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The Concept Of Lego® Serious Play®

The name LEGO is an abbreviation of the two Danish words “leg godt”, meaning “play well”, described on a LEGO-related discussion list as the company’s name and ideal. Play is not just about amusing oneself but about developing understanding and communication. The singer and author Pat Kane (2004) argues that play is a driver for radical social change, while Huizinga (1949) sees play as part of human survival. Brian Sutton-Smith (2001) went so far as to argue that the opposite of play is not work, but depression. Play as a concept is often misunderstood in higher education, as it is seen as something relegated to childhood, or childish and trivial. LEGO SERIOUS PLAY was developed in 1996 by Kjeld Kirk Kristiensen, the owner of The LEGO Group, and Bart Victor and Johan Roos, professors at the Swiss business School IMD. Their purpose in so doing was to generate more engagement, imagination and playfulness in staff meetings. The ethos and history of LEGO SERIOUS PLAY is set out by Kristiansen and Rasmussen, (2014), while Gauntlett (2007, 2011) has authored many publications on the method including an open, online guide for new users (Gauntlett, 2010). Our use of LEGO SERIOUS PLAY is heavily rooted in the principles Kristiansen and Rasmussen outline for how it should be applied, but we adjust these for the time, context and interests of higher education participants.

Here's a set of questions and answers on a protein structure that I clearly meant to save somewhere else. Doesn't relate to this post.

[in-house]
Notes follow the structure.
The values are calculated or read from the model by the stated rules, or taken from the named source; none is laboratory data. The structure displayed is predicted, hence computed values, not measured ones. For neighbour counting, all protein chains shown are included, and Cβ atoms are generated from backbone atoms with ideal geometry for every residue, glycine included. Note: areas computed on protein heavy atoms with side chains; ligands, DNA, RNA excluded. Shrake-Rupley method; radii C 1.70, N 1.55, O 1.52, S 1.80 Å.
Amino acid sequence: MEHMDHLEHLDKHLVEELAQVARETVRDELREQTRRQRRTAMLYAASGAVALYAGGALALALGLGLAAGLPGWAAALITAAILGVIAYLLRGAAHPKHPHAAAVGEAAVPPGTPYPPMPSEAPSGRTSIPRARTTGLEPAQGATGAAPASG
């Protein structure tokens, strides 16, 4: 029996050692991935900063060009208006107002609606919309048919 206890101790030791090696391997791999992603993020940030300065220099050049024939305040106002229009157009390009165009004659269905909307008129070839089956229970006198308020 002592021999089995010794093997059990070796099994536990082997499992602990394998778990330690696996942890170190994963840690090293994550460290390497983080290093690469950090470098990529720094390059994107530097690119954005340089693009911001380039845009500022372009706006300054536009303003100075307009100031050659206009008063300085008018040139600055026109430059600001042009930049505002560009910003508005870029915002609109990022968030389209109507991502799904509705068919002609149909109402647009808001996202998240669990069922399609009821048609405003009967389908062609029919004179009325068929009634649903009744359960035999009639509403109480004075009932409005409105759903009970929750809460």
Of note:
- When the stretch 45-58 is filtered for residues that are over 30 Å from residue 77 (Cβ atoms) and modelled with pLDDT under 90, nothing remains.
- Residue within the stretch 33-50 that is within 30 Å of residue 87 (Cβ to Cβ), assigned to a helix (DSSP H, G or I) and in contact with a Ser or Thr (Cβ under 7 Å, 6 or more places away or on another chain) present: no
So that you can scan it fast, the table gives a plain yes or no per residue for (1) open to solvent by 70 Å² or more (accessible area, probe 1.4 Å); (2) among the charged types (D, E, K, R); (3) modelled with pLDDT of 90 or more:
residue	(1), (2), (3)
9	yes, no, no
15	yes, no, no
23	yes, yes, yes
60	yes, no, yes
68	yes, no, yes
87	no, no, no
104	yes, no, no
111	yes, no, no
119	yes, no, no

Since its inception LEGO SERIOUS PLAY as been adopted by numerous high profile organizations (Google, eBay, The International Red Cross, Roche and NASA are some examples) as a business development process and alternative to traditional planning meetings (see also Nolan, 2009). In the five years since we first shared our thoughts on using LEGO, Alison has also used it extensively in many different corners of higher education, and in the corporate sector in Europe. You can find additional information on her experiences in the free online report commissioned by the UK Higher Education Academy Innovating in the Creative Arts with LEGO (2015). As we write, she has just delivered a talk on the relationship between LEGO SERIOUS PLAY and visual thinking via Skype to colleagues in Colombia. Although developed in the physical realm, LEGO SERIOUS PLAY approaches can also inform or feed into work in digital formats.